A new bill has been introduced to parliament that, if passed, would abolish the state monopoly on alcohol sales, RÚV reports. This is the fifth time that a bill of this kind has been submitted for parliamentary consideration.
Vice chair of the Reform Party Þorsteinn Víglundsson introduced the bill, which was supported by six other MPs from the Reform, Pirate, and Independence Parties.
With the abolishment of the state monopoly on alcohol sales, private wine and liquor stores would be allowed to operate. However, supermarkets and grocers would still not be permitted to sell alcohol under the terms of the new bill.
The bill also stipulates that alcohol could be advertised within certain limitations. For instance, all such advertisements would have to be accompanied by a warning of the dangers associated with alcohol and ads would not be allowed to target children and/or young people.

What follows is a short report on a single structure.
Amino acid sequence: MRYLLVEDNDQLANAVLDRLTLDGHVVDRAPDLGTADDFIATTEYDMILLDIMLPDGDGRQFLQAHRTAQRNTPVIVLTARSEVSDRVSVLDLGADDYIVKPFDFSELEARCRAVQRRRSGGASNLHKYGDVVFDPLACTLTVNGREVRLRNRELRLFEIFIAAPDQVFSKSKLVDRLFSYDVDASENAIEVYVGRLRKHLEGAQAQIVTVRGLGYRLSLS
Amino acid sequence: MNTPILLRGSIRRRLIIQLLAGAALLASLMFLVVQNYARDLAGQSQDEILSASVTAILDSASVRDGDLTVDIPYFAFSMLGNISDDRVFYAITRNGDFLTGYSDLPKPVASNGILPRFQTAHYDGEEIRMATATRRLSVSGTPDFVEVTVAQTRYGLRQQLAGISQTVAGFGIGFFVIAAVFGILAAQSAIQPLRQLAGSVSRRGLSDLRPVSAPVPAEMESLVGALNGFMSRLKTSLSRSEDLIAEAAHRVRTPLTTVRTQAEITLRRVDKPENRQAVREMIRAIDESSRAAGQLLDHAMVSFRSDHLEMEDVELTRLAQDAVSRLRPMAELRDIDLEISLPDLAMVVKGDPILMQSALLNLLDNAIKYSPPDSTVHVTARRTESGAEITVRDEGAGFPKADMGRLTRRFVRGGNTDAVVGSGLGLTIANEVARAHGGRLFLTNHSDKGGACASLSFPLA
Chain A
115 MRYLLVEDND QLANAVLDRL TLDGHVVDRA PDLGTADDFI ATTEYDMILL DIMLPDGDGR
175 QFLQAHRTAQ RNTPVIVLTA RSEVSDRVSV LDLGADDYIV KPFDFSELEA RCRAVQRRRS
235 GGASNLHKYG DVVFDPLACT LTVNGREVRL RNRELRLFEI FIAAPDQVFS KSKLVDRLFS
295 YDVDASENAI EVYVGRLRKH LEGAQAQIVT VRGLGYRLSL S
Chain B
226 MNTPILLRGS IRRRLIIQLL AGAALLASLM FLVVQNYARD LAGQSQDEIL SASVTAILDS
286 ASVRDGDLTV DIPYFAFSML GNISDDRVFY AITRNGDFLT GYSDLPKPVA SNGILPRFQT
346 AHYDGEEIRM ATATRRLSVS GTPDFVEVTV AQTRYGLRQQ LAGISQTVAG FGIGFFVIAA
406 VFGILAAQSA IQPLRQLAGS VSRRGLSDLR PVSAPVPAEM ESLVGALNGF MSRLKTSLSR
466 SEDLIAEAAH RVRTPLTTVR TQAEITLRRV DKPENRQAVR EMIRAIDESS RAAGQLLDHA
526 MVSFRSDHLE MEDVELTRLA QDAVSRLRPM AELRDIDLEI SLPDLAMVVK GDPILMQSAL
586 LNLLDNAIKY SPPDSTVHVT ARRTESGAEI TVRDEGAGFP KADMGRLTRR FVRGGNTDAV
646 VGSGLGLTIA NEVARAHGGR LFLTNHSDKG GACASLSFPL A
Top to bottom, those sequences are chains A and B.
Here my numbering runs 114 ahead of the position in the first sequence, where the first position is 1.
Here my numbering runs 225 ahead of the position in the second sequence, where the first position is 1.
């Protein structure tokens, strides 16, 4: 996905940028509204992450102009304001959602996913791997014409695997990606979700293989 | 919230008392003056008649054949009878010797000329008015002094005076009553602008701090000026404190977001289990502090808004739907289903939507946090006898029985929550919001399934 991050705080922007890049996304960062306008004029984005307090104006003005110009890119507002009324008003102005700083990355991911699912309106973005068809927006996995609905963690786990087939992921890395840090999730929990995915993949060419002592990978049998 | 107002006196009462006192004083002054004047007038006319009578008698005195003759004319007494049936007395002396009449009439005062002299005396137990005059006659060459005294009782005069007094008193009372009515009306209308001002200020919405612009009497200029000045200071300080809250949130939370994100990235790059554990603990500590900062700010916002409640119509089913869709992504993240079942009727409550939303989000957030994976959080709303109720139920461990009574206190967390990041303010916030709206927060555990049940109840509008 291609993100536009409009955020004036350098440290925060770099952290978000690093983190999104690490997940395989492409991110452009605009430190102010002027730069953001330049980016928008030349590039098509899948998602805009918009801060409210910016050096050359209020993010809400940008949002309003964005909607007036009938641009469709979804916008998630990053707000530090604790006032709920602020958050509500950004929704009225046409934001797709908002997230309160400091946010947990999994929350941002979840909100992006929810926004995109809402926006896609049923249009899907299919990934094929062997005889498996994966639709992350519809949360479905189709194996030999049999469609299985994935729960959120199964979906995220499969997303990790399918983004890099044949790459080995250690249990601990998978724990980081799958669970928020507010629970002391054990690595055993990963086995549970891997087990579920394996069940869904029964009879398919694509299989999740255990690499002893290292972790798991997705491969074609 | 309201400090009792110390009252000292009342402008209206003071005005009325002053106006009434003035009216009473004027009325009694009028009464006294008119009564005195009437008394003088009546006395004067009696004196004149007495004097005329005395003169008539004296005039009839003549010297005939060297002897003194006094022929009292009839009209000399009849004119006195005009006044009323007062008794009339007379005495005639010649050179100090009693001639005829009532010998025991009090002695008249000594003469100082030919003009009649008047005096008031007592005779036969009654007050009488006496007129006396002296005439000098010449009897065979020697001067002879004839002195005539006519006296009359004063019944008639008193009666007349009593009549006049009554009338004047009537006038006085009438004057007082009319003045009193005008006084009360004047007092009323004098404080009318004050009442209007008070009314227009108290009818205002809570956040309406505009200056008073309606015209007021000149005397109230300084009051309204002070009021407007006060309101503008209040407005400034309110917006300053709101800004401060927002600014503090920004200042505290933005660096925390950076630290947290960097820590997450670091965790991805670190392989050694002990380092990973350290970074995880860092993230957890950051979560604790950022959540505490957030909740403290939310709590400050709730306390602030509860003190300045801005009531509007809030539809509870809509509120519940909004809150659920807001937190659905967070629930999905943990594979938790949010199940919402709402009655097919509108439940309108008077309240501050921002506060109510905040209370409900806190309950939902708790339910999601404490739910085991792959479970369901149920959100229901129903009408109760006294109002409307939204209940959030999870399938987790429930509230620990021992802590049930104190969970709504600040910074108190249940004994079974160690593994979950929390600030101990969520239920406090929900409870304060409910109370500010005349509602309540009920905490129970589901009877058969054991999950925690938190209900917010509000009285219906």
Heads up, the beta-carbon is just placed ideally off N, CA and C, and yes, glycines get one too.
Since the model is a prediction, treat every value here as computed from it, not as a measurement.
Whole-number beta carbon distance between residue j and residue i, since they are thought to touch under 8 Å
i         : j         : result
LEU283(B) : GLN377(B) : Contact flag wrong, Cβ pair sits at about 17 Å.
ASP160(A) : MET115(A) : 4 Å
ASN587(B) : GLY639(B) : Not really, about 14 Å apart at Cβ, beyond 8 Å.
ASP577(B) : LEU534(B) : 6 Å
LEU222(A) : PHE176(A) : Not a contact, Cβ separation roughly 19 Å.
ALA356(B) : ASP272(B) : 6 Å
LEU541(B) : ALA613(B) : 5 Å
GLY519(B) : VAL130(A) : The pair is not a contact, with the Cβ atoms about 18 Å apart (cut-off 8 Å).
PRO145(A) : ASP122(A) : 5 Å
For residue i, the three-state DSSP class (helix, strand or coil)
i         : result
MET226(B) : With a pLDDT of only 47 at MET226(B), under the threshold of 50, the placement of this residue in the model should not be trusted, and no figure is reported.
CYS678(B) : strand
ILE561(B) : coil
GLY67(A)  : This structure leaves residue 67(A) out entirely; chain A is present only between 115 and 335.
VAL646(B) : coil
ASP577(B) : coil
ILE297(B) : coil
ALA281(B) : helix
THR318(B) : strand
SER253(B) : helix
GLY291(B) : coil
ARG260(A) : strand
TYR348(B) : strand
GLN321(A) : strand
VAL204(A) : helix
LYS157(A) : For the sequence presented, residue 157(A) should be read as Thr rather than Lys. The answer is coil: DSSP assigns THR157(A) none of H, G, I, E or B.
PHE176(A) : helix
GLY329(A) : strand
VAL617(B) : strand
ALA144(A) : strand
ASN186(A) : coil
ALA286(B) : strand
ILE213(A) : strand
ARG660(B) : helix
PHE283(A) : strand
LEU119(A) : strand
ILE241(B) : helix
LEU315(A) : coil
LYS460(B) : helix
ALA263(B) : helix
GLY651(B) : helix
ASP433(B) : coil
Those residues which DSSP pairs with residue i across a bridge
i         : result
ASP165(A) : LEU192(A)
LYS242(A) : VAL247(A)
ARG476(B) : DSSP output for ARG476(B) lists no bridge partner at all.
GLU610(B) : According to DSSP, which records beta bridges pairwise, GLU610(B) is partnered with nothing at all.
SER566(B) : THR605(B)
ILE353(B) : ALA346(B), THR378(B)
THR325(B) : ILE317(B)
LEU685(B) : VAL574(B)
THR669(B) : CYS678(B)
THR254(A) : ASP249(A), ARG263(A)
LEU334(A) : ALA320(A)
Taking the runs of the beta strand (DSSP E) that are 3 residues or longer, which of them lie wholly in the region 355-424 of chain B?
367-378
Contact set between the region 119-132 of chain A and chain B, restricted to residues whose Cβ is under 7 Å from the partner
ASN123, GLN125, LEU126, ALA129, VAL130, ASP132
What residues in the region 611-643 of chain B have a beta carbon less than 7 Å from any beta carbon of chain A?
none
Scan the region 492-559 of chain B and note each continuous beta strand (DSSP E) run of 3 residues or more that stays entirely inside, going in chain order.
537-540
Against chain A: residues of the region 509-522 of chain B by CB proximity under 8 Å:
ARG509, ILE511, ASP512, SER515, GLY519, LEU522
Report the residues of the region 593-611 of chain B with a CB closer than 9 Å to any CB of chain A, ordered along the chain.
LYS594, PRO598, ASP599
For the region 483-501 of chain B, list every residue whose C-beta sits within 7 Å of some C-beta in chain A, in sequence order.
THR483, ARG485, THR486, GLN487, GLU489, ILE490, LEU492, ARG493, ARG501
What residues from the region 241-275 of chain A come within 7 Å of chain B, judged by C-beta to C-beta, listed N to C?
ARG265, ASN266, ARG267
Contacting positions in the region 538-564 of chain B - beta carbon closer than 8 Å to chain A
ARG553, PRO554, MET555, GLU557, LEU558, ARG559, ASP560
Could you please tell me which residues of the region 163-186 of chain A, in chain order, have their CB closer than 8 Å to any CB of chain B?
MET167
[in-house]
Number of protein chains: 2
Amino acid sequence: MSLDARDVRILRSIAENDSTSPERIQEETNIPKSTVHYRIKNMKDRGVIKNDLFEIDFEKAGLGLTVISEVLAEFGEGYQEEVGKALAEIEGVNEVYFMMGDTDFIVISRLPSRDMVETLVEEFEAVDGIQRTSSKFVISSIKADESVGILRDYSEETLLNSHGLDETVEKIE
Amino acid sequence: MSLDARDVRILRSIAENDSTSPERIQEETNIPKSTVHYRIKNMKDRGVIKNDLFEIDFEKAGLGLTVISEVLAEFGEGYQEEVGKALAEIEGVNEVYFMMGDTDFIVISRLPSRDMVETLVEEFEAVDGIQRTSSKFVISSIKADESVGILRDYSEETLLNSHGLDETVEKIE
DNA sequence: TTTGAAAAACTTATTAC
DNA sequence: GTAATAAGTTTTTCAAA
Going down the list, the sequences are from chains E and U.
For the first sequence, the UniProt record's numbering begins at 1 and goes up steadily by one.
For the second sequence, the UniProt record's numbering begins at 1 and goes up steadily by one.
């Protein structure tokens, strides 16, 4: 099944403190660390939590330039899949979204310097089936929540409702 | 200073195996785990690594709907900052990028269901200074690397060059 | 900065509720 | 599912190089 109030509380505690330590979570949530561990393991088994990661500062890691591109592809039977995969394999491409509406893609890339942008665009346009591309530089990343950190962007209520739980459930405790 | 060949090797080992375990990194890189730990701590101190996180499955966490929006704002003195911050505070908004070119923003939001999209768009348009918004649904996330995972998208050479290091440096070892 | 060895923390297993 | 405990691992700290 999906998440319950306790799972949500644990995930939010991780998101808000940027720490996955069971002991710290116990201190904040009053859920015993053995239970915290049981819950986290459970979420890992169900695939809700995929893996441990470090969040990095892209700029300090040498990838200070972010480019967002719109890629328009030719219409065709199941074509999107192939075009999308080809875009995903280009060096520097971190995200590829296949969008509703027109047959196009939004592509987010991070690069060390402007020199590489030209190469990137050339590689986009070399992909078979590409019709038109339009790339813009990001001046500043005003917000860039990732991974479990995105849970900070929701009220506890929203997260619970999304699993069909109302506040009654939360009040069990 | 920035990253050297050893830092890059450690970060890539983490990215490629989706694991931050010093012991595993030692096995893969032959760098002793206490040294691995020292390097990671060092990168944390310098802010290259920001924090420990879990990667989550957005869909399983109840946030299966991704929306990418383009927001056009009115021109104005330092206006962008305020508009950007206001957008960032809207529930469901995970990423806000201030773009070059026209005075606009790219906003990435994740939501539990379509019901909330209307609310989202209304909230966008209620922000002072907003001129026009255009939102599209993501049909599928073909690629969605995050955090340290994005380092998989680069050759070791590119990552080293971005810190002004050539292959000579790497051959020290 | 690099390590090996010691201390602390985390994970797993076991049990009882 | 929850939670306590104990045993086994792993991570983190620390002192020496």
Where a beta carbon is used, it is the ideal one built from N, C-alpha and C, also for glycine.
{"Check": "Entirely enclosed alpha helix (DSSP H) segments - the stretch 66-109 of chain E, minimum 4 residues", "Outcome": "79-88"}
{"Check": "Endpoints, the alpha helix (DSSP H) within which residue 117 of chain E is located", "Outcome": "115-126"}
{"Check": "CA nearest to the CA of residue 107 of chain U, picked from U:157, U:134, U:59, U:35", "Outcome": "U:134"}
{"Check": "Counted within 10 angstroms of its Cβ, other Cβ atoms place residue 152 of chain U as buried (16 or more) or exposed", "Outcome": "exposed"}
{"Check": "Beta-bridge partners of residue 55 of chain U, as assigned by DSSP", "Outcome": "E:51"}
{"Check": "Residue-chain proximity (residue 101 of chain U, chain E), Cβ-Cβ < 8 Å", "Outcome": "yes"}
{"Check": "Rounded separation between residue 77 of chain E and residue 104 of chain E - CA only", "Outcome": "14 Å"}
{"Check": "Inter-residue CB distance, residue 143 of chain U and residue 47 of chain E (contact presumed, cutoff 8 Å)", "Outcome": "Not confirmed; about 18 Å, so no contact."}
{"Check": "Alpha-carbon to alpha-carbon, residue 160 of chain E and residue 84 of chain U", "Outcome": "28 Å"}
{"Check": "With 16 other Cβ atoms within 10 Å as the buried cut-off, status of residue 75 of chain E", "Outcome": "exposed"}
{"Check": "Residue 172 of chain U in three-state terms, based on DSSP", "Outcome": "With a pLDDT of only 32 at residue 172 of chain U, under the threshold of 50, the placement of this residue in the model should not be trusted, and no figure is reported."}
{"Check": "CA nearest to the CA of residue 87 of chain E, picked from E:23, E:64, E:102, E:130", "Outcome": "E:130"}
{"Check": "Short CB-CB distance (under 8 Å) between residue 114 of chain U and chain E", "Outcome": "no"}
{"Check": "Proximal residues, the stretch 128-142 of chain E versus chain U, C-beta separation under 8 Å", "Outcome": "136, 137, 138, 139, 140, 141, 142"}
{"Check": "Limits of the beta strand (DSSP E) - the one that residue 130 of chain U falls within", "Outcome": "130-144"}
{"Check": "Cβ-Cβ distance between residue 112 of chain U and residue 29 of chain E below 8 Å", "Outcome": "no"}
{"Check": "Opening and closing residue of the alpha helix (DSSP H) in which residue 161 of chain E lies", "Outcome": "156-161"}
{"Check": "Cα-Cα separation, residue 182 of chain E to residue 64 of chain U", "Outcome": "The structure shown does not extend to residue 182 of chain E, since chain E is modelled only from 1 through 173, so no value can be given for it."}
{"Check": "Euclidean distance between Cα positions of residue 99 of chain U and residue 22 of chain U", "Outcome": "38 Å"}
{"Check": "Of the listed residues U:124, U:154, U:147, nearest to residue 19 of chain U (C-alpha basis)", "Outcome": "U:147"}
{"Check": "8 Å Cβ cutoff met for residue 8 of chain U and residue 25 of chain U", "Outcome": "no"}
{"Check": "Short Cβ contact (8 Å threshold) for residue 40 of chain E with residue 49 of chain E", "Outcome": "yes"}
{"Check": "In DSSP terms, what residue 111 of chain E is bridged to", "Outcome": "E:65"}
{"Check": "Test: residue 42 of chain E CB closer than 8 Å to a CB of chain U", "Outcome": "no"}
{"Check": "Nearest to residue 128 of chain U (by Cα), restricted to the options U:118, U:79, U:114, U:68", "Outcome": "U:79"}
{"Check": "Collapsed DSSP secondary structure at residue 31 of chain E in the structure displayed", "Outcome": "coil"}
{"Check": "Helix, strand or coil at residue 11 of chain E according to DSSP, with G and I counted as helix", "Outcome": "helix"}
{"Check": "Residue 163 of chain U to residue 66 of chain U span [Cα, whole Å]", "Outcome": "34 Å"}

The history of Iceland’s state monopoly on alcohol is a rather interesting one and is summarized (in English) on the website of Vínbúðin, the state-run liquor store chain. Back in 1912, Iceland implemented a total ban on the production, consumption, and importation of alcohol under the thinking that “…alcohol consumption was so excessive that it could hinder progress in society.” The ban was partially lifted in 1922, when “an exception was made and Icelandic fishermen could sell Spaniards bacalao for Spanish wines. Import was later permitted if the strength of the alcohol was under 21%. Beer was however still banned.” The first state-run liquor store also opened in 1922; the production of alcoholic beverages was under state control from 1935 – 1992. Today, there are 50 Vínbúð around Iceland, 13 of which are in capital area.